My role models are local. I have enormous respect for (Nantucket Harbormaster) Sheila Lucey and (retired Nantucket Boat Basin dockmaster) George Bassett. They are both incredibly skilled at the helm of any vessel, and they are always calm and collected. Also, I work with great people. Christina Martin has been extremely generous and helpful to me, and I couldn't do my job without her help. I also get great support from Eric and Bettina Landt, Jen Hudson and Sarah Sharpe.
What do you drive when you're not driving boats? What's your dream boat?
I drive The Wauwinet’s 1948 Chevrolet Fleetmaster, which Billy Trott restored last winter. It’s beautiful. My personal car is a 1966 Volvo Amazon wagon, which I love. I prefer standard transmissions. Like a lot of sailors, I will probably eventually own a trawler, but I'm not there yet.
Favorite boat food for a long cruise?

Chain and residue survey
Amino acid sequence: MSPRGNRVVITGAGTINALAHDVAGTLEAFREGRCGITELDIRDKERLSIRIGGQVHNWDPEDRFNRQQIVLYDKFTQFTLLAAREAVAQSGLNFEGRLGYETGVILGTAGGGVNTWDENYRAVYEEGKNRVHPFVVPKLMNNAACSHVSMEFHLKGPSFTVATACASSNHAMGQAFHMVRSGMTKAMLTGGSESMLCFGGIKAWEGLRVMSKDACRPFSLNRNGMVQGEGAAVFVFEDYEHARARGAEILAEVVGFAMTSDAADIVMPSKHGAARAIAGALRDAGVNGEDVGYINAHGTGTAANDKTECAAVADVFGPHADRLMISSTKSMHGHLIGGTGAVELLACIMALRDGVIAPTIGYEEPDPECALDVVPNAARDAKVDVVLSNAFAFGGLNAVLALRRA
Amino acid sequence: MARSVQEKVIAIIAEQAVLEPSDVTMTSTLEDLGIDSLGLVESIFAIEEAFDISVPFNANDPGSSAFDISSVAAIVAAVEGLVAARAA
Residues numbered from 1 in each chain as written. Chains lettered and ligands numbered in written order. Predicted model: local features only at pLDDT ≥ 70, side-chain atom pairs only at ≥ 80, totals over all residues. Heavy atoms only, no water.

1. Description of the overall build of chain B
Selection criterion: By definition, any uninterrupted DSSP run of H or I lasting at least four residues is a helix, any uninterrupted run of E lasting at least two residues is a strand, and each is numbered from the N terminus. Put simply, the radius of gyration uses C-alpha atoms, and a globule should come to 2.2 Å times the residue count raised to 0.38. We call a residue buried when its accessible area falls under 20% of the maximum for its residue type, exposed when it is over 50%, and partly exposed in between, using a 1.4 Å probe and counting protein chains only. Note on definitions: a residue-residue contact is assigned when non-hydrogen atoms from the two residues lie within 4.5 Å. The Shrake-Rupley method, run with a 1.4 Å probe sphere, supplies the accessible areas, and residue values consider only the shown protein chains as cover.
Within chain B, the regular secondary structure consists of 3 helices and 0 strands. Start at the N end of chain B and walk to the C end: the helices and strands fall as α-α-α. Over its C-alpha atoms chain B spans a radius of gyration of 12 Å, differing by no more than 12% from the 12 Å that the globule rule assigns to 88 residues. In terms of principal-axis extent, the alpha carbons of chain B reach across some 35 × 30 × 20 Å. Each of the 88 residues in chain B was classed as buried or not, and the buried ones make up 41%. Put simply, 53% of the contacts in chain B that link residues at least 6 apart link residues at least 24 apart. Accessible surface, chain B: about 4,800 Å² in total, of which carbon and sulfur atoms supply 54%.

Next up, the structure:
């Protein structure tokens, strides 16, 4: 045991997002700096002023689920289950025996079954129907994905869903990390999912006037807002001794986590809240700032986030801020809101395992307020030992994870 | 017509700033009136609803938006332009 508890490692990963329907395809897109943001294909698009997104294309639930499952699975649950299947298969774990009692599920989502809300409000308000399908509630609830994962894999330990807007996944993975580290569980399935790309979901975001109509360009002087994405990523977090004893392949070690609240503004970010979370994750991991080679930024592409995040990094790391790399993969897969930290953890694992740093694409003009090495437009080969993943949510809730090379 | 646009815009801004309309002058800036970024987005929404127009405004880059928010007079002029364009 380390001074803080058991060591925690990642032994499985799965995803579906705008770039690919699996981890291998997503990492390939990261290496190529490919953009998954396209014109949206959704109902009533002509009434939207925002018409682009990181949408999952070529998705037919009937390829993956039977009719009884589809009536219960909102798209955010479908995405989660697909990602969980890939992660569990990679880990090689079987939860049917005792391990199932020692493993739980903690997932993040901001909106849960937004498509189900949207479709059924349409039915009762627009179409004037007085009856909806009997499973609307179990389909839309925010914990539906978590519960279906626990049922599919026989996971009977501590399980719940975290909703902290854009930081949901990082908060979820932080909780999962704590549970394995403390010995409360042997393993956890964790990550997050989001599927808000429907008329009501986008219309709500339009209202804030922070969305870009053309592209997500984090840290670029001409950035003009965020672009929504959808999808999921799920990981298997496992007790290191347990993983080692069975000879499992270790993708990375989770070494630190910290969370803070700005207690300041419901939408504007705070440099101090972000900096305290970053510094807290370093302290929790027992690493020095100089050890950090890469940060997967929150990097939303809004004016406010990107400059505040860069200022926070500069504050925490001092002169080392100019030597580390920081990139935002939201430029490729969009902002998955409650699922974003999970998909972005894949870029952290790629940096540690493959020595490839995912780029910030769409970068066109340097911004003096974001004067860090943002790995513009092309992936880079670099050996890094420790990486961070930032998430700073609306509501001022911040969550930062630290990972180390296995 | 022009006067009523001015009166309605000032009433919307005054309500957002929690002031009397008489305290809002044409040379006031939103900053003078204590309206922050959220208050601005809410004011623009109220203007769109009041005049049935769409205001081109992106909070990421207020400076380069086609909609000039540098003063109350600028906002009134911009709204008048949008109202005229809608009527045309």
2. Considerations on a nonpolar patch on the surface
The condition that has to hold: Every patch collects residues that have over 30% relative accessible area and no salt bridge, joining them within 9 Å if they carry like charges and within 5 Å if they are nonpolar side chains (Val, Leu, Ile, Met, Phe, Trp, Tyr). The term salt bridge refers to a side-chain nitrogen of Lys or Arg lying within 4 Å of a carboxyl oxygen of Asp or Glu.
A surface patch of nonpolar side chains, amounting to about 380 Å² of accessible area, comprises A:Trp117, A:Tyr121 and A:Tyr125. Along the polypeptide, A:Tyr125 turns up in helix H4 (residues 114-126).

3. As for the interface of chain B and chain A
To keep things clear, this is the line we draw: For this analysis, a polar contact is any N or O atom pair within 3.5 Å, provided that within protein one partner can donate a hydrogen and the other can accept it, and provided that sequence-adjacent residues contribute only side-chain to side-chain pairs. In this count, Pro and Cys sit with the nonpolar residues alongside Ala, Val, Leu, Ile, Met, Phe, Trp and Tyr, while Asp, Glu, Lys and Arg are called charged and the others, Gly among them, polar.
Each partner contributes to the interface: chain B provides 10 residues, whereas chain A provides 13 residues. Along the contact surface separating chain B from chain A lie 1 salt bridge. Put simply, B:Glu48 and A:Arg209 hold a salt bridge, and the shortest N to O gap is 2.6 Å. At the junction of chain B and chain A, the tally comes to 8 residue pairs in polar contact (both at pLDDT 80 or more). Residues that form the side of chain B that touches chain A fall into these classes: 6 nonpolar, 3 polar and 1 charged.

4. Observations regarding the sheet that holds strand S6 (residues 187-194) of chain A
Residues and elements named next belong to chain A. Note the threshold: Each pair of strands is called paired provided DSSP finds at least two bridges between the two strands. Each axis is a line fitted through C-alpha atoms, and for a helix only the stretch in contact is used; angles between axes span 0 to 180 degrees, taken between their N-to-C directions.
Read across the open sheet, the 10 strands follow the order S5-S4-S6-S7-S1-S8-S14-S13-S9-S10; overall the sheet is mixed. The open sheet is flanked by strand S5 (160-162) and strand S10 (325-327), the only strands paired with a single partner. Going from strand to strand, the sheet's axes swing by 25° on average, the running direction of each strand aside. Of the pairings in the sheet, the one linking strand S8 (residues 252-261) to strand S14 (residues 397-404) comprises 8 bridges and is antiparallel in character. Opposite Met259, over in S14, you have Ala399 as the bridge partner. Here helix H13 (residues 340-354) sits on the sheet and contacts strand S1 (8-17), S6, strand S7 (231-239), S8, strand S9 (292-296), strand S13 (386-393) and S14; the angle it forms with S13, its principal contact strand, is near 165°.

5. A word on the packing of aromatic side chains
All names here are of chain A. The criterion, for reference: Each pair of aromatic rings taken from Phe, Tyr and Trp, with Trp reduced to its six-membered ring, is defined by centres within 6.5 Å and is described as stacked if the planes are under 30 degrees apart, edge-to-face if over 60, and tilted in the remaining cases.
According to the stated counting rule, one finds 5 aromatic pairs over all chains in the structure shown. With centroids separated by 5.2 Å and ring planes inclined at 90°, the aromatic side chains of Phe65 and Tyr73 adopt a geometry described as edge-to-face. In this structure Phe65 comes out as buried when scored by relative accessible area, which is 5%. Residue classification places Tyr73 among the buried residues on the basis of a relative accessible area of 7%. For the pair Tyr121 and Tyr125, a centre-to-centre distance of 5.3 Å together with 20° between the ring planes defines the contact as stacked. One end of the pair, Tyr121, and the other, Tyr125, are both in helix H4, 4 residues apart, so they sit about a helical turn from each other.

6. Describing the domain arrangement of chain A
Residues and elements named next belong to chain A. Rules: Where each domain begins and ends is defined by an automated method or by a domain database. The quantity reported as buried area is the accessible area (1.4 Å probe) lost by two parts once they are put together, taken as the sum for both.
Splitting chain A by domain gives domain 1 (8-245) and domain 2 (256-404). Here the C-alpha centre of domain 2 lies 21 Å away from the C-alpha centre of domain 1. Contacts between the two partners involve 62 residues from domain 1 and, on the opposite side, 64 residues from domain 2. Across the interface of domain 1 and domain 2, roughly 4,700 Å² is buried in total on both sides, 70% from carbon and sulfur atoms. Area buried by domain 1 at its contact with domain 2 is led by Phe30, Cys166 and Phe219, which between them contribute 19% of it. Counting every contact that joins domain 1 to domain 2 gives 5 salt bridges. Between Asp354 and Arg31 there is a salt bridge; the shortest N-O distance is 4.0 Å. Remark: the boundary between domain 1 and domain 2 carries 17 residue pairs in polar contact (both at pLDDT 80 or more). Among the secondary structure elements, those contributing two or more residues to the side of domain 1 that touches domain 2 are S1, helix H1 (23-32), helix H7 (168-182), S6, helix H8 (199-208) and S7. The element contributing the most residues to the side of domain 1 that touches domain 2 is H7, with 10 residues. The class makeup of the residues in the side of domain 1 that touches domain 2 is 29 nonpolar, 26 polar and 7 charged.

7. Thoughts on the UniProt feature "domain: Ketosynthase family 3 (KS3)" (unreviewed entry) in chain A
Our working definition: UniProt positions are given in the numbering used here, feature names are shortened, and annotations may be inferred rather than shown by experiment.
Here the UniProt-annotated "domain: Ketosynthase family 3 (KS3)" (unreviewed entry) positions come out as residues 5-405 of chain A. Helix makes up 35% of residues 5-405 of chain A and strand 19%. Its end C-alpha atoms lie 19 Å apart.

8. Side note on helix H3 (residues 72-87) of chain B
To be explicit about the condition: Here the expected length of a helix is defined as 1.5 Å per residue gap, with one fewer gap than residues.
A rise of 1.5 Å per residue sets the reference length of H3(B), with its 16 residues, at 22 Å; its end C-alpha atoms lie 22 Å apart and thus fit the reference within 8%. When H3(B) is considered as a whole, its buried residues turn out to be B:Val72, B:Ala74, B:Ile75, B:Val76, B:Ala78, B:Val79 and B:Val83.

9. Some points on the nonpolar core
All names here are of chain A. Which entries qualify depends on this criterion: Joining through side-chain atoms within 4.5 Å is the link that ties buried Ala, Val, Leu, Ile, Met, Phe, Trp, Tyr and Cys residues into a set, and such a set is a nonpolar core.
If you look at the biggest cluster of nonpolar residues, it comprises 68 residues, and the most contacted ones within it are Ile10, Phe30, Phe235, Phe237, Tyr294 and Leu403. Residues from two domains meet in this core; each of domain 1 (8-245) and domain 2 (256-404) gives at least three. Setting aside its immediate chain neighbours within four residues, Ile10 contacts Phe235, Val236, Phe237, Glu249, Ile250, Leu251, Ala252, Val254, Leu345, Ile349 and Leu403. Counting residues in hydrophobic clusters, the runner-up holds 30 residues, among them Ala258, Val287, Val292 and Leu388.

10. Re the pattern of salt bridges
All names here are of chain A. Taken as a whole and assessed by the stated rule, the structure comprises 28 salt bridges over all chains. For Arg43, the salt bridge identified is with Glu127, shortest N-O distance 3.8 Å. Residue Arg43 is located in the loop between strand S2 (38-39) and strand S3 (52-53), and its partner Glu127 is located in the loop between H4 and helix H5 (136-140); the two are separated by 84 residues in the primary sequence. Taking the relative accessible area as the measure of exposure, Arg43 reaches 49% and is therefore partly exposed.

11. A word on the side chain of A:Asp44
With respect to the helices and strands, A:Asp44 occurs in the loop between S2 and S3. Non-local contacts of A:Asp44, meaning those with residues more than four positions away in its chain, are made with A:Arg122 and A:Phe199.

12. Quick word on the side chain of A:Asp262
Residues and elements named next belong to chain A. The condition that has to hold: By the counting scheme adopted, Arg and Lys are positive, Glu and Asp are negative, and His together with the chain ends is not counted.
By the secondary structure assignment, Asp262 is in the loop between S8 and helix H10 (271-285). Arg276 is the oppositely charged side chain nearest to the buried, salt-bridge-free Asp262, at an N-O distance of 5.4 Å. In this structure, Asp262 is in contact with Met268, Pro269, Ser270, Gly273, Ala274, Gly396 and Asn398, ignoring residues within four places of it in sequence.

Twenty years ago I sailed my boat south, and (at the time) TOPPER’S chef Chris Freeman came along. In addition to sailing, he cooked beef tenderloin, duck breast and foie gras along the way, which was amazing. That was an exception, however. Usually I eat Dinty Moore beef stew and other canned food because it's easy to prepare at sea.
What's the worst part of living on a boat during a lengthy blue-water sail?
It takes a few days to get used to the sleep pattern. I usually use a watch system of four hours on watch and four hours off watch around the clock, sometimes for up to a week. You have to get used to sleeping for three hours at a time. At the beginning of a delivery you are looking forward to getting to your destination, but as you get closer you often wish it would last longer.
If you could captain a sunset cruise aboard the Wauwinet Lady for any four or five people, living or dead, who would they be and why?
I know that a lot of people would choose great men and women who have had historical and cultural significance, but I would want the sunset cruise to be fun. Therefore I'm going to have to go with Bill Murray, John Hodgman, Chris Elliott, Amy Schumer and Ellie Kemper.